Yale University / YDS Convocation & Reunions / 1956—60th Reunion Class / [Class Composite Photo] at
    Yale Alumni Magazine / Obituaries, “In Remembrance:” Ian Barbour ’56BD,
    The New York Times, “Ian Barbour, Who Found a Balance between Faith and Science, Dies at 90,” at . Picture of him receiving the Templeton prize accompanies article.
    Ian Barbour. (2016, May 6). In Wikipedia, The Free Encyclopedia. Retrieved 19:03, August 23, 2016, from
    Scholarly assessments of the work of Ian Barbour are contained in:
    Hallanger, Nathan J. 'Ian G. Barbour' in The Blackwell Companion to Science and Christianity, edited by J. B. Stump and Alan G. Padgett (Malden, MA: Wiley-Blackwell, 2012).
    Russel, Robert John, ed. Fifty Years in Science and Religion: Ian G. Barbour and his Legacy. (Ashgate: Burlington, 2004). Contains chapters by R. J. Russell, “Ian Barbour's Methodological Breakthrough: Creating the ‘Bridge' between Science and Theology,” 45–59; and N. H. Gregersen, “Critical Realism and Other Realisms,” 77–95.

  • Jim Williams
    Jim Williams, 5:10pm September 09 2021 | Ico flag Flag as inappropriate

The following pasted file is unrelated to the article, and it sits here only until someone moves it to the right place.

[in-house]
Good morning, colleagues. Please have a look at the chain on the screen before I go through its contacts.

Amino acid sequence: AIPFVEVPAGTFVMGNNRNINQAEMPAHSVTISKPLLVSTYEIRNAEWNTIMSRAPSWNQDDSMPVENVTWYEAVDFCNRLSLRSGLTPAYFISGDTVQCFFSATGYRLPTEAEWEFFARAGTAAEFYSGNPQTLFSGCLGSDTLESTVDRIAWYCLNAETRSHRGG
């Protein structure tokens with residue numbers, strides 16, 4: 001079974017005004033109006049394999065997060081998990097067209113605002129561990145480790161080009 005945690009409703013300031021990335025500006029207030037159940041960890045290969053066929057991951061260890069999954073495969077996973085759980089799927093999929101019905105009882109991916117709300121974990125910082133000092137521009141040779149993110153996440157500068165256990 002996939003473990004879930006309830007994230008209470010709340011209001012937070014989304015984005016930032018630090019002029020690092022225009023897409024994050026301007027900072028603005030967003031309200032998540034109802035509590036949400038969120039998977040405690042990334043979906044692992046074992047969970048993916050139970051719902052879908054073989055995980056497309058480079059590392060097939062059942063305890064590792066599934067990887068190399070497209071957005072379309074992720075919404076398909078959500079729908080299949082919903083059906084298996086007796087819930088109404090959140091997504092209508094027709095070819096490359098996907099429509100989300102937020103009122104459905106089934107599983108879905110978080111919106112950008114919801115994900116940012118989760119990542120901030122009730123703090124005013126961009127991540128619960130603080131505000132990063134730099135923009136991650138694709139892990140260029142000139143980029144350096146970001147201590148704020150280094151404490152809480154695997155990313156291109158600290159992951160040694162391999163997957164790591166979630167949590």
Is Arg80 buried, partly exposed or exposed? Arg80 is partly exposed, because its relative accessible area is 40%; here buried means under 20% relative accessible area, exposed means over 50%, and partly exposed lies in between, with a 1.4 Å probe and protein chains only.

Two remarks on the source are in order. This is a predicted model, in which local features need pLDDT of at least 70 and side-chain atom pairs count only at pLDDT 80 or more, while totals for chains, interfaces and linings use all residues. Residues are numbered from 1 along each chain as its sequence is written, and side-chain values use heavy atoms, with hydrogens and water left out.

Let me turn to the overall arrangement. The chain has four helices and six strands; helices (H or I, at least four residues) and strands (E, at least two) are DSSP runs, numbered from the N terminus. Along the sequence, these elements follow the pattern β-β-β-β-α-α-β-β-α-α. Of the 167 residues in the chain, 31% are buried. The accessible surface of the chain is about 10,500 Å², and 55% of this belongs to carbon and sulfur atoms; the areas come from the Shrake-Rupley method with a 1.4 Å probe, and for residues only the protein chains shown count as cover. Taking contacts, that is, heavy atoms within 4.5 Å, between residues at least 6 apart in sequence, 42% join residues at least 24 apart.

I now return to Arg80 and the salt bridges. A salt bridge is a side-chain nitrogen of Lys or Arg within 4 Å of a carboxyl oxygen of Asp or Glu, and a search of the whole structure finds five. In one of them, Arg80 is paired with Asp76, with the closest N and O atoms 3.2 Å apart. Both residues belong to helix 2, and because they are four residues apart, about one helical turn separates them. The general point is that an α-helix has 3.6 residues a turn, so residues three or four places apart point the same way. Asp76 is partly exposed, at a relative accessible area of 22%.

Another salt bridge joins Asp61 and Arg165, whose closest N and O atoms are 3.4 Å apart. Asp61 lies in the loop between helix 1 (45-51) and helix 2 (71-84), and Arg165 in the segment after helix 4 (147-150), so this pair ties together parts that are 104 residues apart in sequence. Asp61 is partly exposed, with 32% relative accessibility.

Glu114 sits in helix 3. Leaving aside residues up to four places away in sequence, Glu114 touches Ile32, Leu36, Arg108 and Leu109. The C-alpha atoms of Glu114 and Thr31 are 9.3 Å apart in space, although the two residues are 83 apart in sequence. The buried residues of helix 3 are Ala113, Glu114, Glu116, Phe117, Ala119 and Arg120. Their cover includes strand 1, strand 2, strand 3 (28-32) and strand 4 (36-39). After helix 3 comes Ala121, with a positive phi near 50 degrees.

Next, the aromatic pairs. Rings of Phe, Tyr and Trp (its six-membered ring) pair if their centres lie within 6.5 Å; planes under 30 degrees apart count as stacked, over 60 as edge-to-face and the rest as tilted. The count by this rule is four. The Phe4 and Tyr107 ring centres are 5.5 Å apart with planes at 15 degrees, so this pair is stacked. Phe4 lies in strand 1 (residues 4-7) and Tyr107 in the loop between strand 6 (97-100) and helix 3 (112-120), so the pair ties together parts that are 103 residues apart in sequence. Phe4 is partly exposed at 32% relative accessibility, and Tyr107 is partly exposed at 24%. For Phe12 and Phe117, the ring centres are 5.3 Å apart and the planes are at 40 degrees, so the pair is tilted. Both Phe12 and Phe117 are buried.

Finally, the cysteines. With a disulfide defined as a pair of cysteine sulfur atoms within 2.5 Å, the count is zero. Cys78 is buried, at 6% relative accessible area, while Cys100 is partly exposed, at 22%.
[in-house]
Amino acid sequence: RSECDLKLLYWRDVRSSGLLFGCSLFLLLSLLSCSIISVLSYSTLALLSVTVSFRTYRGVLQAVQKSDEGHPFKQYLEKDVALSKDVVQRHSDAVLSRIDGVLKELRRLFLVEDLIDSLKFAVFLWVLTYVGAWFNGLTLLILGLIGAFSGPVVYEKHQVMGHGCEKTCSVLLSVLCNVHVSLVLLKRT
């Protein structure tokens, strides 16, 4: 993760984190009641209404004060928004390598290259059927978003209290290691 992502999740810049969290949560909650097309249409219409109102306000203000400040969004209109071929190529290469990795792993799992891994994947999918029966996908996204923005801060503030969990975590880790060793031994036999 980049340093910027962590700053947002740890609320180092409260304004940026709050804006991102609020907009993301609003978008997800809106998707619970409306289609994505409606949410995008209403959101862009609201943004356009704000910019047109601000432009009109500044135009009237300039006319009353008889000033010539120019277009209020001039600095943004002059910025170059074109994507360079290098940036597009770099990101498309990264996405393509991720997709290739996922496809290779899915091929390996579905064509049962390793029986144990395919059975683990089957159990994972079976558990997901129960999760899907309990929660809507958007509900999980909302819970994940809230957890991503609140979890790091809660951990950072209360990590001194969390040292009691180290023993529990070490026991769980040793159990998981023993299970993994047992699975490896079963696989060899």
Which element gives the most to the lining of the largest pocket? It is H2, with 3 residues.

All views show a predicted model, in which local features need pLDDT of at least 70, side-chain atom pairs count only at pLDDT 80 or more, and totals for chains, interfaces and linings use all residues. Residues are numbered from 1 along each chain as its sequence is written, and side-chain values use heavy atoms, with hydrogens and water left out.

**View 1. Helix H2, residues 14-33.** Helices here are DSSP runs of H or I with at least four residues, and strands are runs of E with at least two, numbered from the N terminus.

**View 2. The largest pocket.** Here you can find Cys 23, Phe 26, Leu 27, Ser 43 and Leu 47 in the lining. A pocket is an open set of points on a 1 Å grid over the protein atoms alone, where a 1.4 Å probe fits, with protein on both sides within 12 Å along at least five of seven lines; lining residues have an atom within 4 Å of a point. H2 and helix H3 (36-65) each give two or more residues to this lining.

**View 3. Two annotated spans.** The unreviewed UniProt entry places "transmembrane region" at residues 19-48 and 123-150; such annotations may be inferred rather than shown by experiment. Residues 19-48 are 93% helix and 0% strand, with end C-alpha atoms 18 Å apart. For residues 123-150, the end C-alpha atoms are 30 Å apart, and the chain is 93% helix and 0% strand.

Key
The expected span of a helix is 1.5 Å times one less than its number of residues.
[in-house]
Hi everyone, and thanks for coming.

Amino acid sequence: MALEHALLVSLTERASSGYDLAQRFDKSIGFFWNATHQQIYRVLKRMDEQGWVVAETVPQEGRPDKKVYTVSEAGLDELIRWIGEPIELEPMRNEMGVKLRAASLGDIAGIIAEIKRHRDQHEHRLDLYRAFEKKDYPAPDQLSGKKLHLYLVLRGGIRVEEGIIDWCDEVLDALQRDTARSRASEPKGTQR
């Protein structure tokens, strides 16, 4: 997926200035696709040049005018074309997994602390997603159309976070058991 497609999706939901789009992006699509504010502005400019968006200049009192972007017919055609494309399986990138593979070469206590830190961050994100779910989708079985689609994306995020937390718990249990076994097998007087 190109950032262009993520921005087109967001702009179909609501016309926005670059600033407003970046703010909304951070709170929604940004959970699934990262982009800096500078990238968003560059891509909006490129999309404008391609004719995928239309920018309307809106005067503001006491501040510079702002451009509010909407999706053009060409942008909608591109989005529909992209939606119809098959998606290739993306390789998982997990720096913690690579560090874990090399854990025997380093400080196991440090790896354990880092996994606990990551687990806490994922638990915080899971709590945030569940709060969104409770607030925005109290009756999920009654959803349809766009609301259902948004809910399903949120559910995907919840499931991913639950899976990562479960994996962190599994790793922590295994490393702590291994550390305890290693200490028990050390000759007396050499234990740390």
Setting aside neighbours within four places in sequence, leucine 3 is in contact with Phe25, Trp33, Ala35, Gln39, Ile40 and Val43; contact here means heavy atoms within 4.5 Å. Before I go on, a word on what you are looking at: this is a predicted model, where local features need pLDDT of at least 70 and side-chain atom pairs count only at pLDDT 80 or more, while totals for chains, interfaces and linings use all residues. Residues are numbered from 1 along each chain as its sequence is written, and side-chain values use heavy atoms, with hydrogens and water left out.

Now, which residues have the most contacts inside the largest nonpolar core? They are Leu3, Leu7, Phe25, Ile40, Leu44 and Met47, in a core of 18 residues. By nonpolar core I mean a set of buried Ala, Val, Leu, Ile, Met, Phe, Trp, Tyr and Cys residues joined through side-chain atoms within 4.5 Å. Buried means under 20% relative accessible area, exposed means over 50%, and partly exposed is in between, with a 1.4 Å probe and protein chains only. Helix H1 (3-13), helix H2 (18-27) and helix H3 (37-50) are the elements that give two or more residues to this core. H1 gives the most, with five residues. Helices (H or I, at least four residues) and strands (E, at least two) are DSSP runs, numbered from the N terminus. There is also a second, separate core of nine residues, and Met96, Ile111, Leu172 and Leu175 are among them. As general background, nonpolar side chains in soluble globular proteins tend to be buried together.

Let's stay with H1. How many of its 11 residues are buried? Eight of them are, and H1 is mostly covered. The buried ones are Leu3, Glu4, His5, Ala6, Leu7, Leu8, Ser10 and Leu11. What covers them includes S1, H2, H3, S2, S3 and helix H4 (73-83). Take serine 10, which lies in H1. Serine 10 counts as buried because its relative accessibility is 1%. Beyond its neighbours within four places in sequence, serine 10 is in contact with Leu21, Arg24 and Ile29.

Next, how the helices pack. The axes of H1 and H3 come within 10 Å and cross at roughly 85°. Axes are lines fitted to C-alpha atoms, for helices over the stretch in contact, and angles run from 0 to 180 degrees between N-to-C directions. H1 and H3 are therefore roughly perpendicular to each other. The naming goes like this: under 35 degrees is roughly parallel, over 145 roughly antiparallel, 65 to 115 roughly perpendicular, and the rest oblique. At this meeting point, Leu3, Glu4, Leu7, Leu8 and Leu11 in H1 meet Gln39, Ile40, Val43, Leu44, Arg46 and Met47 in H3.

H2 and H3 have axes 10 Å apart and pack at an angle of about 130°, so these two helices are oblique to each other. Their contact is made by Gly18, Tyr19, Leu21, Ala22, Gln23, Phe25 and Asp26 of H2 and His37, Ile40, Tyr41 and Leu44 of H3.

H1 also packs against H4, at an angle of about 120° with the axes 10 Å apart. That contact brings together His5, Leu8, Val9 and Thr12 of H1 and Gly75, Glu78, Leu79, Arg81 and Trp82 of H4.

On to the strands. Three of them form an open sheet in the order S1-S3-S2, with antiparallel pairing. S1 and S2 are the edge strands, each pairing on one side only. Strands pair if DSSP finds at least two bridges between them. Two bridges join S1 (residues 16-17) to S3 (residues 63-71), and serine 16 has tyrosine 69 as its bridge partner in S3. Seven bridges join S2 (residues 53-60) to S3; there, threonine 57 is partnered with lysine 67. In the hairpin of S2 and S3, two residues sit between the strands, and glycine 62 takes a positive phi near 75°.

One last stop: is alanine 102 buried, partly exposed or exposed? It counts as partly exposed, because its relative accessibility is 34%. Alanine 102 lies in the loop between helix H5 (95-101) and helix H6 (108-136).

I had the great honor and privilege to meet and work with Ian Barbour as fellow members of the Society for Religion in Higher Education/Society for Values in Higher Education in the late 1970s/early 1980s. We were together in several, weeklong working groups on science, religion, and ethics. Ian was one of those people who stood out precisely because he made no effort to put himself forward. He was a delightful presence who impressed by his casual comments, clearly sharp mind, and evident goodwill toward all around him. I used "Religion in an Age of Science" as an optional, supplemental reading in Western Civilization courses I taught for 13 years, because that book so well addressed issues that were knotty problems for some of my undergrad students. Today, when a former colleague from the Naval Academy sent me a draft paper to review on paradigms, science, and ethics -- Ian Barbour immediately sprang to mind. I was delighted to find the lengthy piece here by Norman Thomas. I just want to add my thanks and salute to a great scholar and person. RIP, Ian Barbour!